Interacting with people of other cultures gives us the ability to empathize and understand and treat others as human beings (even when we don’t always agree on every ideology or cultural value). Plus, interacting with other cultures means trying new food! Yum!
2) Active living
This isn’t always a reality, but those who travel are often living more actively. They’re biking around new cities. They’re hiking in the outdoors or perhaps along the village-connecting trails of Cinque Terre. They’re taking tours of castles or museums or zoos. They’re swimming in the ocean. They’re white water rafting. I guess what I’m trying to say is TRAVELLING SAVES LIVES (that’s not a stretch, is it?).
This is a touchy issue, and I’m going to address the dangers of this in more detail next week. However, visiting war-torn or impoverished areas (seeing these places in person) is often the impetus to support important causes like clean water, curable diseases, malnutrition, etc. For those who have grown up in a comfort bubble, travel can be the remedy to live awake to the stark realities of the world.
This is one of my favorite and an idea I’d like to develop further in the future. Though modern travel is a bit of a phenomena, journeying for self-discovery is quite ancient. Pilgrimages such as El Camino de Santiago in Spain or the Hajj pilgrimage to Mecca are ancient. Silence and solitude have been strong monastic disciplines for hundreds of years. Travel can help you know yourself.
Lastly, travel is fun. Sometimes, we don’t need any better reason than to have fun. Seeing new places invokes a sense of wonder and imagination. When I first backpacked through Europe, the fairy tales that I adored were coming to life in their natural habitat. For me, that was so much fun!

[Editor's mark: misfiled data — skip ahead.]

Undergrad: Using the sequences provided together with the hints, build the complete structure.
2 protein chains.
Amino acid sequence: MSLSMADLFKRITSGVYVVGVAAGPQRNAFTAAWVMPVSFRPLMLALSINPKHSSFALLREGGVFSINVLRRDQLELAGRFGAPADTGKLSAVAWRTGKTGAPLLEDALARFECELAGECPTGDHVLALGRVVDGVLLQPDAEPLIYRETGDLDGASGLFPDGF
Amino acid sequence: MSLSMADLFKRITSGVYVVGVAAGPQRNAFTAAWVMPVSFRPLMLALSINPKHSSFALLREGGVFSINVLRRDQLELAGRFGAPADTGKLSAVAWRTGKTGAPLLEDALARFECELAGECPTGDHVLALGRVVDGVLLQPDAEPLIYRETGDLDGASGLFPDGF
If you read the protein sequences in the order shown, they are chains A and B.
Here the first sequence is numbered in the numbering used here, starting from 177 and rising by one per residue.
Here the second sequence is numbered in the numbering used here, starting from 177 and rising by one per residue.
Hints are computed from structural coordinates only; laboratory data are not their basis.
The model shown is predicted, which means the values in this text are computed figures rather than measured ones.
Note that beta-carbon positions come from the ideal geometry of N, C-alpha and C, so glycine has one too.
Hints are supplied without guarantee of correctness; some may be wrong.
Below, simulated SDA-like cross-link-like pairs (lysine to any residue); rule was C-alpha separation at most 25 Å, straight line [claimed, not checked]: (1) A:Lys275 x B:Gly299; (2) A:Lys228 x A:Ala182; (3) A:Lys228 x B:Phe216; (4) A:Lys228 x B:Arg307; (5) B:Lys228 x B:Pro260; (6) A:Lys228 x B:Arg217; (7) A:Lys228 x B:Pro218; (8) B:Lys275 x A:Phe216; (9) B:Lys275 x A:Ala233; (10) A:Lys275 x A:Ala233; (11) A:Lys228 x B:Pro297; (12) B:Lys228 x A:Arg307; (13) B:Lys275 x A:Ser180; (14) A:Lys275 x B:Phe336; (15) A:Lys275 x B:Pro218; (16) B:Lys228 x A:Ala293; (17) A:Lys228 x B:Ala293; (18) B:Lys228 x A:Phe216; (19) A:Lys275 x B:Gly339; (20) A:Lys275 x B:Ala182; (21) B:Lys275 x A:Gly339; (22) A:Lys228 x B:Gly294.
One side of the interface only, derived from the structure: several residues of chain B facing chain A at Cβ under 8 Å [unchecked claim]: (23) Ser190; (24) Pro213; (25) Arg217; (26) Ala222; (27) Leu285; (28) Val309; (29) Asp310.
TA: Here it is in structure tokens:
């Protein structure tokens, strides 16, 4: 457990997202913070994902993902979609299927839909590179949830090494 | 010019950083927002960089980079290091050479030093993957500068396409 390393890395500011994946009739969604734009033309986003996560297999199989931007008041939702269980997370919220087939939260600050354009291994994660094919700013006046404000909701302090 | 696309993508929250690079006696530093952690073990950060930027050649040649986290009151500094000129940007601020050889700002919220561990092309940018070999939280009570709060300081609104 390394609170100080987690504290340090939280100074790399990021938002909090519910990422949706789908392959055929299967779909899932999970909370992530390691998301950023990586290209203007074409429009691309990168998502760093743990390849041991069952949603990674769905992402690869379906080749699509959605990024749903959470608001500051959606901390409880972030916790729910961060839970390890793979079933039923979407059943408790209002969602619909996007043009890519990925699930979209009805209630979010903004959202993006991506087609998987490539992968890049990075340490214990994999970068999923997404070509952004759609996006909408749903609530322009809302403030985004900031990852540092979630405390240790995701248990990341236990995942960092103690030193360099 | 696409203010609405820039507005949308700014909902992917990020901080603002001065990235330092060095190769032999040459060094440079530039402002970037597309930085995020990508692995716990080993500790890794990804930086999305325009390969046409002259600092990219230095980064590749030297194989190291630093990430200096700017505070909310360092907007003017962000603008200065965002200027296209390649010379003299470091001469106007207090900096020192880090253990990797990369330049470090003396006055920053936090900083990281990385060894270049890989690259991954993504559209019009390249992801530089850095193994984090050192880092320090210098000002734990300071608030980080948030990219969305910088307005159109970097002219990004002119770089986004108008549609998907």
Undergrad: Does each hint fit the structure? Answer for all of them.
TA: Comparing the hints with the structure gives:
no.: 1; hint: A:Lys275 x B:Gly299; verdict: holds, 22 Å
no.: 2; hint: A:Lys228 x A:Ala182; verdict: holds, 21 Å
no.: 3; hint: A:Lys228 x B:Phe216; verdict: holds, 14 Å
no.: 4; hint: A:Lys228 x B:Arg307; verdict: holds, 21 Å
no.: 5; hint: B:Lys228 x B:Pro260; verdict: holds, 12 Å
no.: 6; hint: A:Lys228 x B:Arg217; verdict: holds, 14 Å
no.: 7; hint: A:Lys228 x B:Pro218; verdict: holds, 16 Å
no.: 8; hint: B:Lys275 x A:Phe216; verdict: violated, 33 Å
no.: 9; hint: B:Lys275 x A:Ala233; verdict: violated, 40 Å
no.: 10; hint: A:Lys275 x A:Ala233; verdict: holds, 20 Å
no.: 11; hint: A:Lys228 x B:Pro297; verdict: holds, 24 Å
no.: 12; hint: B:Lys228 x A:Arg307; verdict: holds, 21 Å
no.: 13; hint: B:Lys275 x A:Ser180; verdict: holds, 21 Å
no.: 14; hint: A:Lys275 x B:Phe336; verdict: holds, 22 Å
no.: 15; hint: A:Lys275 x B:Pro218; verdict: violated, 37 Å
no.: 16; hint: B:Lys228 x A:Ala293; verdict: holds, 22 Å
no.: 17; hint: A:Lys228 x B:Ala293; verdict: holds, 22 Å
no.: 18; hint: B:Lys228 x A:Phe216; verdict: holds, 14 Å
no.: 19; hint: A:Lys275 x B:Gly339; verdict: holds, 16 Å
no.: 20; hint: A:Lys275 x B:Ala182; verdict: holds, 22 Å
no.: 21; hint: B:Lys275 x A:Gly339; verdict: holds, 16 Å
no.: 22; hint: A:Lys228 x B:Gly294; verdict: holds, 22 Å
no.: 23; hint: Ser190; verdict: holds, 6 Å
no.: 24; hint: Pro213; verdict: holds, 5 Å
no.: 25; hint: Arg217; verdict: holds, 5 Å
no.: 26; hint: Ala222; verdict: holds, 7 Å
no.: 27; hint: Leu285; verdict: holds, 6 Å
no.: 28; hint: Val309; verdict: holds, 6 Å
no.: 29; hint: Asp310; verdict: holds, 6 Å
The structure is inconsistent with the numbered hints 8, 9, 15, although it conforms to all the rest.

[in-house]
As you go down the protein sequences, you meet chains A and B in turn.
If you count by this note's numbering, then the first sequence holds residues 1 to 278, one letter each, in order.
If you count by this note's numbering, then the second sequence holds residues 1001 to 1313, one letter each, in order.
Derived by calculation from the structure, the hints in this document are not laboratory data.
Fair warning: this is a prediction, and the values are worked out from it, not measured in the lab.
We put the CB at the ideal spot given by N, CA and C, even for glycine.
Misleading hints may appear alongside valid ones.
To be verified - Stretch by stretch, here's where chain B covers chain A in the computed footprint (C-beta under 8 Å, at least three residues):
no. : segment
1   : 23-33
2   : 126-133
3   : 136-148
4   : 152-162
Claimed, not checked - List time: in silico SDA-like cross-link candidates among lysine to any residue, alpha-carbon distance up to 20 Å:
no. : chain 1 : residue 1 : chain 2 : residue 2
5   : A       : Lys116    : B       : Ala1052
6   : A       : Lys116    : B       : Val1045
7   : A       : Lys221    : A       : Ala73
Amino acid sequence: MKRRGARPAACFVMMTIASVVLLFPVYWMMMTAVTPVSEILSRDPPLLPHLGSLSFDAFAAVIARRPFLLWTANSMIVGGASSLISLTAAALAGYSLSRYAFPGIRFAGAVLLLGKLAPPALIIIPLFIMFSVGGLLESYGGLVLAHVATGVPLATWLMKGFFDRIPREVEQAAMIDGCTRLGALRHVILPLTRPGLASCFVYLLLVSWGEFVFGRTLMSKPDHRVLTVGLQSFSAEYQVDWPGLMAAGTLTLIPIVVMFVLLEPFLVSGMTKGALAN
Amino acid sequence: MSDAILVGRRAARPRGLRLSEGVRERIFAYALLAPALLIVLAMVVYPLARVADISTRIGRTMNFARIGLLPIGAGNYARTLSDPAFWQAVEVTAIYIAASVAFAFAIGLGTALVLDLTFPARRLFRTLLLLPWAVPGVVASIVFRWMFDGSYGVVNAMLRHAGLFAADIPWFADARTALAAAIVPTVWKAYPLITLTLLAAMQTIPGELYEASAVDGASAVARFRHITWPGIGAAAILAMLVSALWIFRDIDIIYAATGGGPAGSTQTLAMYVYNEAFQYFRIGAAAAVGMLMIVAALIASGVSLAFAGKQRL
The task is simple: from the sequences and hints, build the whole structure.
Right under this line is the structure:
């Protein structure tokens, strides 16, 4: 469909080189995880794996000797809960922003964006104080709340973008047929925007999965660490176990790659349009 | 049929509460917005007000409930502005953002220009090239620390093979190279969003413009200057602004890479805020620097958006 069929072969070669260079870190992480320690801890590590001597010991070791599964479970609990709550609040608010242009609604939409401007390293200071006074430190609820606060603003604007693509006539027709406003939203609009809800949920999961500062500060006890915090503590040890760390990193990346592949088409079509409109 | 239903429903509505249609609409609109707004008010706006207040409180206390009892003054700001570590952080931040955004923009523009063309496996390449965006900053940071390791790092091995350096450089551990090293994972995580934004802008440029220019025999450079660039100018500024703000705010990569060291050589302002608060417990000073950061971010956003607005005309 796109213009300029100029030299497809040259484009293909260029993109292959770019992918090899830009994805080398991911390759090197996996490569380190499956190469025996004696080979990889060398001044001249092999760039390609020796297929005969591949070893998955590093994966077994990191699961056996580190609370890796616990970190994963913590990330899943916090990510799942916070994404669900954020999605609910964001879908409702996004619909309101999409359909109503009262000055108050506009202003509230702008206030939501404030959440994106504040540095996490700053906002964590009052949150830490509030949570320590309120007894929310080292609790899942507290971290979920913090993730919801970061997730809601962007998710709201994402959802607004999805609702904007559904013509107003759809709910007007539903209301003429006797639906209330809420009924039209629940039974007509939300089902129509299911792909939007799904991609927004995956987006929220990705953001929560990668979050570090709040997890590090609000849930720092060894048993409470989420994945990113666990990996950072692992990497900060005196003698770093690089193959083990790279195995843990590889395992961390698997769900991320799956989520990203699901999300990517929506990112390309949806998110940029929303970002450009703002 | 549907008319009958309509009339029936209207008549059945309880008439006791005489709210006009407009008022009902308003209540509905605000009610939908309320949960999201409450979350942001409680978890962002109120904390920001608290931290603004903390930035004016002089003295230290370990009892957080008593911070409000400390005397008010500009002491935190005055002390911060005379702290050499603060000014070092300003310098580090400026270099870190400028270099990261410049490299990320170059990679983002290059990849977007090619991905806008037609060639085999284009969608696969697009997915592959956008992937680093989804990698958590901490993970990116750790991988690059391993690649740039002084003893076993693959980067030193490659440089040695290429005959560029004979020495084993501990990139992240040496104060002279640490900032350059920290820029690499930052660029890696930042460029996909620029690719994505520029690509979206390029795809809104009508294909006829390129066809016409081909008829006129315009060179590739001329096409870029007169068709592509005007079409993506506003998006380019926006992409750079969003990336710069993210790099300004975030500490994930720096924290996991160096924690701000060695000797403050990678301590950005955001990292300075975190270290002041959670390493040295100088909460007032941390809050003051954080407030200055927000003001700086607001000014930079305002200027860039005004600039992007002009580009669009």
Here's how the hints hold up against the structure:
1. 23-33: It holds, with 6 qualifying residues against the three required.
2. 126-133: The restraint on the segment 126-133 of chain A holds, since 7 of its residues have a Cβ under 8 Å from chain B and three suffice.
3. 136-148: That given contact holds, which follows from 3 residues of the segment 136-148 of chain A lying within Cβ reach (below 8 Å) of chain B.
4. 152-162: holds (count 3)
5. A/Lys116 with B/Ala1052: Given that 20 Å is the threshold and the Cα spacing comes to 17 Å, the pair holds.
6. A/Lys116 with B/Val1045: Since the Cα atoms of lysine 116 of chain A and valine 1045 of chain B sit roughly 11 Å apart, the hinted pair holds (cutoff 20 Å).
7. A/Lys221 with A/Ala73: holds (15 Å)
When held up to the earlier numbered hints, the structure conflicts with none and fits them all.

I hope you’ve enjoyed some of this list. Can you think of any other important reasons for travel? I’d love to hear them in the comments below.
It’s the end of summer. Perhaps you’re back in the office daydreaming about next summer’s dream vacation rather than the work in front of you. You have Travelocity or Travelzoo bookmarked in your browser. You’re skimming travel photos, imagining the perfect adventure. You have the most epic travel playlist on Spotify. You’ve been watching The Secret Life of Walter Mitty for inspiration. Perhaps you’re uncertain about where you want to go. Perhaps you’re working up the courage to do something extra daring, something really outside your comfort zone. Of course Travelocity only goes so far. In fact, sometimes travel sites can be even more discouraging as they can cater to a clientele with substantially deeper pockets than your own. But the itch remains. Maybe you have a little bit of the what but you need more of the why or how.
Over the last year this blog has been primarily concerned with documenting some of my life as a teacher in El Salvador as well as providing resources for students. As I transition back into the States—I accepted a language arts teaching position just outside Kansas City—I want to stay active on this blog, but I want to expand the purpose and vision. I’m not entirely sure what that means yet, but I want to connect readers with relevant information especially related to the world of travel, books, and even a little bit of teaching and faith. I want to answer more of the whats for travel—what’s out there? But I also want to engage with the whys and hows. Why is travel important? How do I travel in a meaningful (re: non-superficial, non-dehumanizing) way? How do I travel on a budget?
I also want to highlight the literary world more, connecting readers to great books, relevant literary news, and potentially some great literary causes.
Last spring, during Semana Santa, I had the wonderful opportunity to travel to Antigua, Guatemala…